(We'll leave Shirley Chisholm, Alan Keyes and Carol Moseley-Braun out of this).
Her daughters had died before they could have children of their own, before they even had a body of work to leave behind.
“I leave my children at home, get on a plane, risk my life in dangerous areas for my job,” Rivera once said.
During the Cultural Revolution, he had to leave school to work in an oil factory.
Akhil Amar argues Congress should either impeach him or arrest him—but the courts should leave him alone.
And six weeks after that I had things in shape so't I was able to leave.
There was laughter and applause and not a soul offered to leave.
He was standing to take his leave, and turned away his eyes.
I hope my dearest jewel is not going to leave me—are you, Nykin?
"I believe the Bible says to leave all and cleave unto your wife," returned Garrison.
Old English læfan "to let remain; remain; have left; bequeath," from Proto-Germanic *laibijan (cf. Old Frisian leva "to leave," Old Saxon farlebid "left over"), causative of *liban "remain," (cf. Old English belifan, German bleiben, Gothic bileiban "to remain"), from root *laf- "remnant, what remains," from PIE *leip- "to stick, adhere;" also "fat."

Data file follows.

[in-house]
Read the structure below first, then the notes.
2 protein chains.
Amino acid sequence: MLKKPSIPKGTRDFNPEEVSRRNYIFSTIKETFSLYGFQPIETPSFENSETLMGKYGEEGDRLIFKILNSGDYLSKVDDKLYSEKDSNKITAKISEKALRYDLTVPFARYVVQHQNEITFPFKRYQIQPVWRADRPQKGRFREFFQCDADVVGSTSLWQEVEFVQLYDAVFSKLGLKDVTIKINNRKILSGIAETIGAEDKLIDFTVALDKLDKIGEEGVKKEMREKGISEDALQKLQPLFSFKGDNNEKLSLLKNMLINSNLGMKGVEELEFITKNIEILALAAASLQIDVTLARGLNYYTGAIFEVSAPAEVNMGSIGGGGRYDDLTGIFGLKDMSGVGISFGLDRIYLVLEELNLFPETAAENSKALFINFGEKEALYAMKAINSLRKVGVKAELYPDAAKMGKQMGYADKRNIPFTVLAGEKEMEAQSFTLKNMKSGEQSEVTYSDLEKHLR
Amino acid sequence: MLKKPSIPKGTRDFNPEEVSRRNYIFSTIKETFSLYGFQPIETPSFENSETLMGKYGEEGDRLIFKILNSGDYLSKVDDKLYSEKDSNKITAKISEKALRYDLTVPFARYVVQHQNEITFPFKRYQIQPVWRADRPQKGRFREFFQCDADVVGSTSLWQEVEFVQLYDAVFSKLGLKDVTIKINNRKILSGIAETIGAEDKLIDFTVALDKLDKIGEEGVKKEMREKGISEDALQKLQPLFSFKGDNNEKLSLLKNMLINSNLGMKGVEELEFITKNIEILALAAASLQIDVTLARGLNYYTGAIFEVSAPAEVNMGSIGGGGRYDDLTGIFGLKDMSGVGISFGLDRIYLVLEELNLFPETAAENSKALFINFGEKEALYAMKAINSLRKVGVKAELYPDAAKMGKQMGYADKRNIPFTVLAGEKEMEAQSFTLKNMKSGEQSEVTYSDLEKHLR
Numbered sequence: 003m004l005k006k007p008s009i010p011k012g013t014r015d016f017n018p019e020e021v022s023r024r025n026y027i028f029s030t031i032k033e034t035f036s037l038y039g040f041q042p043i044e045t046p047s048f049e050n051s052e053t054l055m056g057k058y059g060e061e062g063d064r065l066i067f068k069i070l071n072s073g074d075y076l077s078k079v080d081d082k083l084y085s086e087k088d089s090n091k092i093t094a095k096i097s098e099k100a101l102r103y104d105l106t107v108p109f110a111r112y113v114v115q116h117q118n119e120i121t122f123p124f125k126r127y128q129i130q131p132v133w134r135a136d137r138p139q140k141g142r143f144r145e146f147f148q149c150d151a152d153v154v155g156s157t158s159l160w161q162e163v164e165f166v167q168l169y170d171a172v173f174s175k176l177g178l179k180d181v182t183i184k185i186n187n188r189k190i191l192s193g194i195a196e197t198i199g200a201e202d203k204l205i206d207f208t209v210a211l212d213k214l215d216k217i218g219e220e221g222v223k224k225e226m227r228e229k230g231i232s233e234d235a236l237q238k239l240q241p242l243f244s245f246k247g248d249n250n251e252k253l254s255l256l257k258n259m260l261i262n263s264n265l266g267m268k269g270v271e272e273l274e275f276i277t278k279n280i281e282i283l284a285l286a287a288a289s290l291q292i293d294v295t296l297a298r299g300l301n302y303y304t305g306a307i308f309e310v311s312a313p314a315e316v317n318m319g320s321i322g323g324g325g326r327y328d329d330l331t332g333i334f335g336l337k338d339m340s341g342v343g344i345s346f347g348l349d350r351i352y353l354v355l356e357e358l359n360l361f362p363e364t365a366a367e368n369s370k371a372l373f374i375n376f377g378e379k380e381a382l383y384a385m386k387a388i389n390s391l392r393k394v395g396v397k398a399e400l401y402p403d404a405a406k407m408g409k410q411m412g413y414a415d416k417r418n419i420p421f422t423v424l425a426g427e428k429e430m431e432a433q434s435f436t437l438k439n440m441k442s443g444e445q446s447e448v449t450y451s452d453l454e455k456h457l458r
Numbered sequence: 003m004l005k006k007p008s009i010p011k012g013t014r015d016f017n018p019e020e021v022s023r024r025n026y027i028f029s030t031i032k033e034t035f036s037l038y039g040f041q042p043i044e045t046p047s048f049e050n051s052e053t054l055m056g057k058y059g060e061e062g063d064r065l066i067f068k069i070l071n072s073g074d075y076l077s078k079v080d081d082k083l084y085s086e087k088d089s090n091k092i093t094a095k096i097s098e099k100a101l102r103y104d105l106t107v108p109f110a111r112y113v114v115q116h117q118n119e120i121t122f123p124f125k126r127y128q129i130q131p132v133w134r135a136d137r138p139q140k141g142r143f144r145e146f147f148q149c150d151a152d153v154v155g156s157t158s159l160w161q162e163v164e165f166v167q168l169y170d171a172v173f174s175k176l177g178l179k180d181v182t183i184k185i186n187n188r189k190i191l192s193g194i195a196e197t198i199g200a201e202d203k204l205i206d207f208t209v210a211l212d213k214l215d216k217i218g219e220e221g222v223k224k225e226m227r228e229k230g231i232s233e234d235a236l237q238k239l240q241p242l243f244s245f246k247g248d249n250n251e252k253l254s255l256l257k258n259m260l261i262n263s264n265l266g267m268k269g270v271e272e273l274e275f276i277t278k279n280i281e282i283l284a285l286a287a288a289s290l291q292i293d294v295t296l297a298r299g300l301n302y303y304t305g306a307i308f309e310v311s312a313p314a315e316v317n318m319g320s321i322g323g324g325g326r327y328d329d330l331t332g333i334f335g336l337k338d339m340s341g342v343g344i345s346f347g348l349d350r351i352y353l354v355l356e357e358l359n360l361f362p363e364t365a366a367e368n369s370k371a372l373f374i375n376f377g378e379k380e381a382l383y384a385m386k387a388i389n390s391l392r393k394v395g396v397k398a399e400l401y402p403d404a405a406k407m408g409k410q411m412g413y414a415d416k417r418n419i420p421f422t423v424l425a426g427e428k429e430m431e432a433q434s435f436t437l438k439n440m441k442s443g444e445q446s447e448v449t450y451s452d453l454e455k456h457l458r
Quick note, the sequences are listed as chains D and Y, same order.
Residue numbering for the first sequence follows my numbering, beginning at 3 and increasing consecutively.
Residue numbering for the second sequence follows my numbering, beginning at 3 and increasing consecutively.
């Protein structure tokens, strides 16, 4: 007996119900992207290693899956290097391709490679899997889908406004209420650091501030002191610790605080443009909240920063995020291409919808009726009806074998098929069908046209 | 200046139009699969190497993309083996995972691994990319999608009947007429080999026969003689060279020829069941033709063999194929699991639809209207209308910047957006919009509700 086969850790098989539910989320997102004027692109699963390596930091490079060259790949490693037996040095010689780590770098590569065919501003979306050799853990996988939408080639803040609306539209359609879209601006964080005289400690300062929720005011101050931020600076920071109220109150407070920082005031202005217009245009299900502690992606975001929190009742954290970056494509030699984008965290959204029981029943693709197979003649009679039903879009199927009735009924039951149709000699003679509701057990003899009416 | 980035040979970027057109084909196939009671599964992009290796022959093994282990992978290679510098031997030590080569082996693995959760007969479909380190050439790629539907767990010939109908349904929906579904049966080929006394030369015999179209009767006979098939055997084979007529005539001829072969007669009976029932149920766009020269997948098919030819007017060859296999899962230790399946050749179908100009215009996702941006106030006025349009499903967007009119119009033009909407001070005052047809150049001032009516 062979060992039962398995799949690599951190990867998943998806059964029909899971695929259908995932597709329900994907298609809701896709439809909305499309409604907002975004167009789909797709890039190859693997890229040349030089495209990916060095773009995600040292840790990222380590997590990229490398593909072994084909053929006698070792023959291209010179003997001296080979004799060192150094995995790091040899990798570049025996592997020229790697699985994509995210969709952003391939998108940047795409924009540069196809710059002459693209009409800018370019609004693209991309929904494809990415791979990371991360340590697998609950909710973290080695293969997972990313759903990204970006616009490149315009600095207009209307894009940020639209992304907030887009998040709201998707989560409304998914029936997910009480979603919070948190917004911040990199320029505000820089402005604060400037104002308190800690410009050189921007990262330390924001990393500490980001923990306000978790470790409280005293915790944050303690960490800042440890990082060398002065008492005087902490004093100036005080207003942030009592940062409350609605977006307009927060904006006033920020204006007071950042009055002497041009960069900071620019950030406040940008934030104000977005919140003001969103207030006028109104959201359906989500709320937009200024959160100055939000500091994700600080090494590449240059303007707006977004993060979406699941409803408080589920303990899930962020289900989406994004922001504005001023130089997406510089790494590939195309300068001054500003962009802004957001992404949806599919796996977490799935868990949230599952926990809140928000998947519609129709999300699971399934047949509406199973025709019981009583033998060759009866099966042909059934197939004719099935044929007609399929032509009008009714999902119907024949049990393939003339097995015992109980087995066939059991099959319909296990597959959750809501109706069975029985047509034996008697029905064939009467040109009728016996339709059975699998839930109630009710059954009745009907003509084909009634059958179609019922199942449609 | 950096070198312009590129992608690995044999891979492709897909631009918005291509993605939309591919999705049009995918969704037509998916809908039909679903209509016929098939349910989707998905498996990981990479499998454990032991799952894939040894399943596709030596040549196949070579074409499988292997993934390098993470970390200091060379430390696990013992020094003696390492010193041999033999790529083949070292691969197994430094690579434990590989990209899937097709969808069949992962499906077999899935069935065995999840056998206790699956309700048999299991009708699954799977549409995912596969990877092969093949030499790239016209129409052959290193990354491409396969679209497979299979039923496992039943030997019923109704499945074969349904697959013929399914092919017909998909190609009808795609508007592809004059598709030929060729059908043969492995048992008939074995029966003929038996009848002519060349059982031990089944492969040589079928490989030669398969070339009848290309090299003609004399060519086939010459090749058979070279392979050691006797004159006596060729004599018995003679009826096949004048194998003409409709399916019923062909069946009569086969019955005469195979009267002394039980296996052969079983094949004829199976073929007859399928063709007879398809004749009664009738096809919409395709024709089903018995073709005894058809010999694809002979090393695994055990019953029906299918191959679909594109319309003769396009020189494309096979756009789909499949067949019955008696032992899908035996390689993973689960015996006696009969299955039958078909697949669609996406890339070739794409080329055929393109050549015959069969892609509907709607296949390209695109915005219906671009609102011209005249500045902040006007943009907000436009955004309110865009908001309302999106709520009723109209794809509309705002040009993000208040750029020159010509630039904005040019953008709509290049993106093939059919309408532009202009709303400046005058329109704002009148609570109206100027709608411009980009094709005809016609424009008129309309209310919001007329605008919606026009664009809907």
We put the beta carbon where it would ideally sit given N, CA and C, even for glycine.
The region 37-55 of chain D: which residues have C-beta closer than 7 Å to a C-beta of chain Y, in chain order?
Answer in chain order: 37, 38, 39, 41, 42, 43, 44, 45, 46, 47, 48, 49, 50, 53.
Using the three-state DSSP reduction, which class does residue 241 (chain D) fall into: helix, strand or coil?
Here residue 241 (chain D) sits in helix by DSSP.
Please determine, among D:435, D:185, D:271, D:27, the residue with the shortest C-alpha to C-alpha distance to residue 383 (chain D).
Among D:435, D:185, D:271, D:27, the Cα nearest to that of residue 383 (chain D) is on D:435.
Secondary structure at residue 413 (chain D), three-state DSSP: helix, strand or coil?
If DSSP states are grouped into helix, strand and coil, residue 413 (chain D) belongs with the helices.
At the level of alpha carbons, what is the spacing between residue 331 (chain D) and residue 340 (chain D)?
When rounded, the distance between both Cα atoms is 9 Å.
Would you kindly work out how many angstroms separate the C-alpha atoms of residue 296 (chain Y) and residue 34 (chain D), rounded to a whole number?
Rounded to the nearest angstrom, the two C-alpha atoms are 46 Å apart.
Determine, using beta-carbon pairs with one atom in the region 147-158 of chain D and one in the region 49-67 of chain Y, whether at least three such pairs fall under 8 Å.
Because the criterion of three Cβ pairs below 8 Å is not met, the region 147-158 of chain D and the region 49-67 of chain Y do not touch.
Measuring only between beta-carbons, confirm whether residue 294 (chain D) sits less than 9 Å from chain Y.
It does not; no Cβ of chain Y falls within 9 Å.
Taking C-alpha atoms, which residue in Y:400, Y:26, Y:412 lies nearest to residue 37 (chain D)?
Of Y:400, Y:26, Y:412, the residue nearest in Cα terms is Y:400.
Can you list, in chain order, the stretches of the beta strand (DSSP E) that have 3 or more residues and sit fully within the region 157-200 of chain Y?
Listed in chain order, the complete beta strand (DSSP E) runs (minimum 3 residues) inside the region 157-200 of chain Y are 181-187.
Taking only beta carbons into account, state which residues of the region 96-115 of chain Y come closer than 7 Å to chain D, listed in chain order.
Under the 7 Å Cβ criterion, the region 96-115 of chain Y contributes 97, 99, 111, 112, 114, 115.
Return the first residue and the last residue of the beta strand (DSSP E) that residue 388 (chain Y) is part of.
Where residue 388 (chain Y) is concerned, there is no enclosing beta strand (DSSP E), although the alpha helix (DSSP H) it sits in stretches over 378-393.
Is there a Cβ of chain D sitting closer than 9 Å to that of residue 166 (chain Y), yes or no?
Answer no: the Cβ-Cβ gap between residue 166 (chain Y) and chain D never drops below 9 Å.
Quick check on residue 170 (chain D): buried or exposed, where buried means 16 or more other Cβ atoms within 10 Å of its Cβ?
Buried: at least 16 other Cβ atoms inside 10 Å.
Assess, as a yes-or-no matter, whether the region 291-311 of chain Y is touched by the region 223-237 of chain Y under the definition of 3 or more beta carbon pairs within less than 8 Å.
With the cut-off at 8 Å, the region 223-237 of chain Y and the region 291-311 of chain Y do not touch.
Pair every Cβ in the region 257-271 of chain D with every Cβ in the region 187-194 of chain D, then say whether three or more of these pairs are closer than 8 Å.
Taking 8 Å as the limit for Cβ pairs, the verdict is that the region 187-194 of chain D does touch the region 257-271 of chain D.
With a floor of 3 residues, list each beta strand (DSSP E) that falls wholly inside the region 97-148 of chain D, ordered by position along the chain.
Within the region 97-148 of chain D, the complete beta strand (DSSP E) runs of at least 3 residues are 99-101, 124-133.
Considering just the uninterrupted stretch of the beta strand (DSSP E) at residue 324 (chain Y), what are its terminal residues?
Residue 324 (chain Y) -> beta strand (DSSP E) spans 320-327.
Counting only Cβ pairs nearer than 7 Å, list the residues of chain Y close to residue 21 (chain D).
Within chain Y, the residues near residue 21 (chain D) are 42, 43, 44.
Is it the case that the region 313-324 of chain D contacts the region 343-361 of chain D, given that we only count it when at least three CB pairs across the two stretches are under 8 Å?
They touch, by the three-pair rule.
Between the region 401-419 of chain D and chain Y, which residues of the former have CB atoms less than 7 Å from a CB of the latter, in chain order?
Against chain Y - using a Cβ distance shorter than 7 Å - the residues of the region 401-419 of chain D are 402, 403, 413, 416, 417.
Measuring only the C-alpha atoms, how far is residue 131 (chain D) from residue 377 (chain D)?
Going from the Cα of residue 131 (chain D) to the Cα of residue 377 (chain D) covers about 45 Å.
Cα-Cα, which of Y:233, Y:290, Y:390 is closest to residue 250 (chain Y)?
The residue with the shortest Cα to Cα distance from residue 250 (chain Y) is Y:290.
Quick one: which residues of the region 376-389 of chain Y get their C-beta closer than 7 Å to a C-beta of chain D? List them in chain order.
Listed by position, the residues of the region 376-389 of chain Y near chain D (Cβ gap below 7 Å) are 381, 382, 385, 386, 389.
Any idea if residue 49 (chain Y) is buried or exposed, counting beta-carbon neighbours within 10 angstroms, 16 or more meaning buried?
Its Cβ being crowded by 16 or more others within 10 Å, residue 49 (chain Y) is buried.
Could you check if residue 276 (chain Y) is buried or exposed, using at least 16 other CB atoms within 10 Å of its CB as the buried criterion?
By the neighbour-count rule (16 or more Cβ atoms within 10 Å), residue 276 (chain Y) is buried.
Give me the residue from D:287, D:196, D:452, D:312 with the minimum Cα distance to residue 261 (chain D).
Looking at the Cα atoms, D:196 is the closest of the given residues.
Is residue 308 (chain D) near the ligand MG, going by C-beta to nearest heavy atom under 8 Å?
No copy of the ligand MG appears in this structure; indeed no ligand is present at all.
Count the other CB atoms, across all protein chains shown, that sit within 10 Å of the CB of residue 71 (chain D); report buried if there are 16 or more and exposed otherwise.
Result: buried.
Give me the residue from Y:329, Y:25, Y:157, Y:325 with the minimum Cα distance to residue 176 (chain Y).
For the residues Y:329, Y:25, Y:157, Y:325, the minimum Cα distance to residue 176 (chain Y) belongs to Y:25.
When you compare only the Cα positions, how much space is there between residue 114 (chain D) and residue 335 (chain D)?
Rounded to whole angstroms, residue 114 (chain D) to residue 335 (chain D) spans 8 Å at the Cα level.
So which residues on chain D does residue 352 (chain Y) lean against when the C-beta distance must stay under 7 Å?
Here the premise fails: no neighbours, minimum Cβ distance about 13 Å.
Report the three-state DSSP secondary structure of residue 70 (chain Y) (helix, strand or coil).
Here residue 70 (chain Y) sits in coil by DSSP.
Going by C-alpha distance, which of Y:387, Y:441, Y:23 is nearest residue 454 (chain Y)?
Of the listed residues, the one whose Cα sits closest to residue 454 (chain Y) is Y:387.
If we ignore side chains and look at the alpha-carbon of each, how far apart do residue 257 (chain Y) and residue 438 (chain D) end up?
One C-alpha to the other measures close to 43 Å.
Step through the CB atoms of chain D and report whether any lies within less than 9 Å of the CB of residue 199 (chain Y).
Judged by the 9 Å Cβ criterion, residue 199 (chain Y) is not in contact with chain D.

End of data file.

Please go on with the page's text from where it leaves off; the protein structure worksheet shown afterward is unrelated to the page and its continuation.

The Germanic root has only the sense "remain, continue," which also is in Greek lipares "persevering, importunate." But this usually is regarded as a development from the primary PIE sense of "adhere, be sticky" (cf. Lithuanian lipti, Old Church Slavonic lipet "to adhere," Greek lipos "grease," Sanskrit rip-/lip- "to smear, adhere to." Seemingly contradictory meaning of "depart" (early 13c.) comes from notion of "to leave behind" (as in to leave the earth "to die;" to leave the field "retreat").
"permission," Old English leafe "leave, permission, license," dative and accusative of leaf "permission," from West Germanic *lauba (cf. Old Norse leyfi "permission," Old Saxon orlof, Old Frisian orlof, German Urlaub "leave of absence"), from PIE *leubh- "to care, desire, love, approve" (see love (n.)). Cognate with Old English lief "dear," the original idea being "approval resulting from pleasure." Cf. love, believe. In military sense, it is attested from 1771.